Imagine if the code I posted would turn into something more like this:

    loop ( my int64 $i = 1; $i <= 1_000_000_000; ++$i ) {}
    Or rather transform that into assembly language. Which is basically what happens for Raku. (Writing that directly only reduces the runtime by a little bit more than a second.)

    It seems like every year or two we get a new feature or a redesign on a deep feature that speeds some things up by a factor of two or greater. Since Perl is more stratified than designed, it is difficult to do anything of the sort for it.


    Also I don't know why we would want to downgrade to LLVM. (Perhaps it can be made to only be a side-grade.)

    As far as I know LLVM only does compile-time optimizations. The thing is that runtime optimizations can be much much better, because they have actual example data to examine.


    Perl is an awesome language.
    Raku is an awesome language in the exact same ways, but also in a lot more ways as well.
    Many of those ways make it easier to produce faster code.

      Also I don't know why we would want to downgrade to LLVM.

      That wasn't the point of my post, but it was also exactly the point of my post, so I'm not sure why we're having a discussion on how Raku will someday eventually be faster than Perl, because that's irrelevant to my point that the semantic mismatch between a language and its implementation is really, really important to performance.

      The main reason grammars are slow is because basically no one has touched the slow parts of it for the better part of a decade.

      I remember profiling and optimizing grammars in an earlier version a little over a decade ago, so.

      It has absolutely nothing to do with being able to replace what whitespace matches.

      I don't believe this, because:

      • Like I said, I spent a lot of time looking at this.
      • Doing nothing is faster than doing something. A JIT is not magic fairy dust that makes everything faster. Even if you can get this codepath down to where you can JIT across a monomorphic call site, the resulting code is still not faster than a single inlined lexeme, especially if you account for the time and memory overhead of JITting at all. The semantic mismatch between a language and its implementation is really really important to performance.
      Really if Perl doesn't do something drastic, in five to ten years I would suspect that Raku would just plain be faster in every aspect.

      I've heard this every year for the past 10 years, but I respect that you're not promising it in the next year, like Raiph always used to. I'll believe it when I see it.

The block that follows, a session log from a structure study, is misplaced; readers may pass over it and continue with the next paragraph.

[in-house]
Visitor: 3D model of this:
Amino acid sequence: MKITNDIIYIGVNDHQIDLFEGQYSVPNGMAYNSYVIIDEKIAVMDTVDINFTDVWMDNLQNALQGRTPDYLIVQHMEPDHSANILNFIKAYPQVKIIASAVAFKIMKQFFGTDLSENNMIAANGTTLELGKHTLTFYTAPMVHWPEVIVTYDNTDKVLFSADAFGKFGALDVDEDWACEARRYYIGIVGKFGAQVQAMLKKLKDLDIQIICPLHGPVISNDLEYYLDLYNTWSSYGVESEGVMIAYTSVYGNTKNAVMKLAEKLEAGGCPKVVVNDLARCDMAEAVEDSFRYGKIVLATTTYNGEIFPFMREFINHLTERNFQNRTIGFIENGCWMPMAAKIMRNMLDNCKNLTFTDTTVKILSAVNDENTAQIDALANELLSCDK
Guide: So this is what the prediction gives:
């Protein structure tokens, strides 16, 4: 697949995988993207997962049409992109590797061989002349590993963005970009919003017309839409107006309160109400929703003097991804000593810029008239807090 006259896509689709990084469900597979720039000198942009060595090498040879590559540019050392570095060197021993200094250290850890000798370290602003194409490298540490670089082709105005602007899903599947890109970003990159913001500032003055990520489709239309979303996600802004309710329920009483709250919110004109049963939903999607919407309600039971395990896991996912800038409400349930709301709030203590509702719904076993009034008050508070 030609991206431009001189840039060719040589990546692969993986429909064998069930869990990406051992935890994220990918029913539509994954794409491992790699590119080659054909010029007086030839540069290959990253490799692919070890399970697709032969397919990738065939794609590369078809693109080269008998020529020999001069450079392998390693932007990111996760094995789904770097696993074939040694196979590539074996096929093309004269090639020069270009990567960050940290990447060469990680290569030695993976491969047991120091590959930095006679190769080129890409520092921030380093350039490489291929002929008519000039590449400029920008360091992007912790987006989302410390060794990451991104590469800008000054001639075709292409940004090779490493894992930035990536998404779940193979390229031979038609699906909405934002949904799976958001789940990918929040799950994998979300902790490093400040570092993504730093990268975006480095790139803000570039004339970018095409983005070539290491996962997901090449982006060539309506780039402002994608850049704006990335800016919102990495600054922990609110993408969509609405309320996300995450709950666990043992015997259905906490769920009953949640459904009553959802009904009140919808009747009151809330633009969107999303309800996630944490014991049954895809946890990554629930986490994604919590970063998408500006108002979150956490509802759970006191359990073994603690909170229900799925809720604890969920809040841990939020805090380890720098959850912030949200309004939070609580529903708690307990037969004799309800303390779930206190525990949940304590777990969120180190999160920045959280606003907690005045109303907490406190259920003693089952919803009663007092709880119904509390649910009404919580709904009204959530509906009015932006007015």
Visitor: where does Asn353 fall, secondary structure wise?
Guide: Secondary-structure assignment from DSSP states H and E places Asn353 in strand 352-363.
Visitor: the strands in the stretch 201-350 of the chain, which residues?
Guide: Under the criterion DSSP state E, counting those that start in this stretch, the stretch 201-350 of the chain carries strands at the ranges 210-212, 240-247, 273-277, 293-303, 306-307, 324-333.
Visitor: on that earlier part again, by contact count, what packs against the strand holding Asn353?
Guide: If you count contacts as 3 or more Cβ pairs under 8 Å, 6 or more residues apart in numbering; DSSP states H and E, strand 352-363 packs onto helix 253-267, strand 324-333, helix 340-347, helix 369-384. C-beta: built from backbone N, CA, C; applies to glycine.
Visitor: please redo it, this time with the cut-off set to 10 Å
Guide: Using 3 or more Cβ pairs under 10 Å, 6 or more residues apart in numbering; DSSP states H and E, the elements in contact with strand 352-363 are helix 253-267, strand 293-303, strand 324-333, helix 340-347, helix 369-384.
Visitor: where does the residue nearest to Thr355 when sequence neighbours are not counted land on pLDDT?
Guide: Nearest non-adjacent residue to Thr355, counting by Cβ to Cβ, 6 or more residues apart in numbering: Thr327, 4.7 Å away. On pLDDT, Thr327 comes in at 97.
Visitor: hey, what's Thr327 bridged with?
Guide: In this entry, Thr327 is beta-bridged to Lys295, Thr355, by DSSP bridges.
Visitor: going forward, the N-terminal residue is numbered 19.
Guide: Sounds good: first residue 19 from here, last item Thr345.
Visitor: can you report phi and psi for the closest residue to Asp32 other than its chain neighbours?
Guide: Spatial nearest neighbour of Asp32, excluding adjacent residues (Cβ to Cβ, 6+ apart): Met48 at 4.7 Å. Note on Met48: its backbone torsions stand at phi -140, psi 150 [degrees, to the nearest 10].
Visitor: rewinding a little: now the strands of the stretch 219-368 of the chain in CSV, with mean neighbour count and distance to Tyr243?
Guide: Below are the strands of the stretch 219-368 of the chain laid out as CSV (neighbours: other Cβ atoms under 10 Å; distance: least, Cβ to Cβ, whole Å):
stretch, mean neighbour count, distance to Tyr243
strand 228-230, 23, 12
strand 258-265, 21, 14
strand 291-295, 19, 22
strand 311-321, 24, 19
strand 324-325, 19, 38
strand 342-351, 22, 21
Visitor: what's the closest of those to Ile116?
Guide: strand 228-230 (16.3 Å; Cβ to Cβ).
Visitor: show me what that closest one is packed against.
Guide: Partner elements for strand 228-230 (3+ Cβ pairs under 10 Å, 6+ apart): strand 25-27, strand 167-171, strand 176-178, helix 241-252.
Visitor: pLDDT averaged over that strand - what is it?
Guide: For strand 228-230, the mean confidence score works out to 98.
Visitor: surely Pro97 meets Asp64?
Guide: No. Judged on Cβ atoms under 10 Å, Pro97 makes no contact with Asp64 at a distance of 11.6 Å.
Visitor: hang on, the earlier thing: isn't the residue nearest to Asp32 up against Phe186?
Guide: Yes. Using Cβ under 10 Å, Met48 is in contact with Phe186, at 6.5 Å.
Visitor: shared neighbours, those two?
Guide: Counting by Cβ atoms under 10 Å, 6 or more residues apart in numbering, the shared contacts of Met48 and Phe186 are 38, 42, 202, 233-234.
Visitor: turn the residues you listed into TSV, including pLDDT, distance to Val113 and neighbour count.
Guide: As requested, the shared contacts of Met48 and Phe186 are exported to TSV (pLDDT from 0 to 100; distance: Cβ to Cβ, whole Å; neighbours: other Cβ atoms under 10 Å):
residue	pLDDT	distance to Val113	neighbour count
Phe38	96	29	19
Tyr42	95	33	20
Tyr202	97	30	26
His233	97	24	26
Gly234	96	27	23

You do realize that there exists a project which acts like a JIT for compiled code right?

        It exists because a JIT has more information available to than the compiler, it can do a better job at optimization.

        The way Raku does it is even better than that because the JIT can actually sort-of ask the compiler what it really wants. Or rather the compiler gives the JIT enough hints ahead of time.


        The reason I actually gave a timescale, instead of just saying “future”, is because of the RakuAST project which will end up cleaning a lot of semantic mismatches in the process. It should also make a lot of optimizations easier to perform.

        The plan I believe is for Rakudo to switch to it within a year. Which allows 4 to 9 years for optimizations. Again those optimizations should be easier than the ones that already made Raku faster in some cases.
        (By faster I mean faster than Perl and C/C++ for some cases.)

        MoarVM is also getting a new dispatcher that should also be easier to add optimizations to. I don't recall seeing a timescale on that though.
        (At least some of those optimizations will probably happen before it gets completely switched to.)

        So two of the slowest parts are getting replaced with much more optimizable designs.


        An optimization is just a way to push the implementation of a language as far as possible from the semantics of that language without it being noticed.
        So you were sort-of right, the semantic mismatch between a language and its implementation is really really important to performance, only you had the argument backwards.

        Of course you want as little semantic mismatches that doesn't allow for optimizations, because that is still code.

        Rakudo is made of layers where each layer only has a slight semantic mismatch from its next higher or lower neighbor.
        This allows for much larger shifts of semantics at the lowest layer without it being noticed at the top layer.

        With perl there is pretty much exactly one layer, and it is the top layer. Which means you can't really change it all that much without changing semantics and thus breaking existing code. So there is a vast sea of optimizations that are just not possible.

        Also I would really like to know how allowing you to change what is considered whitespace as a semantic mismatch. Because it really isn't.


        The semantic mismatch between what is in my head and Raku is less than the mismatch with Perl.

        That is the most important mismatch to reduce, because it is the only one that can't be optimized away.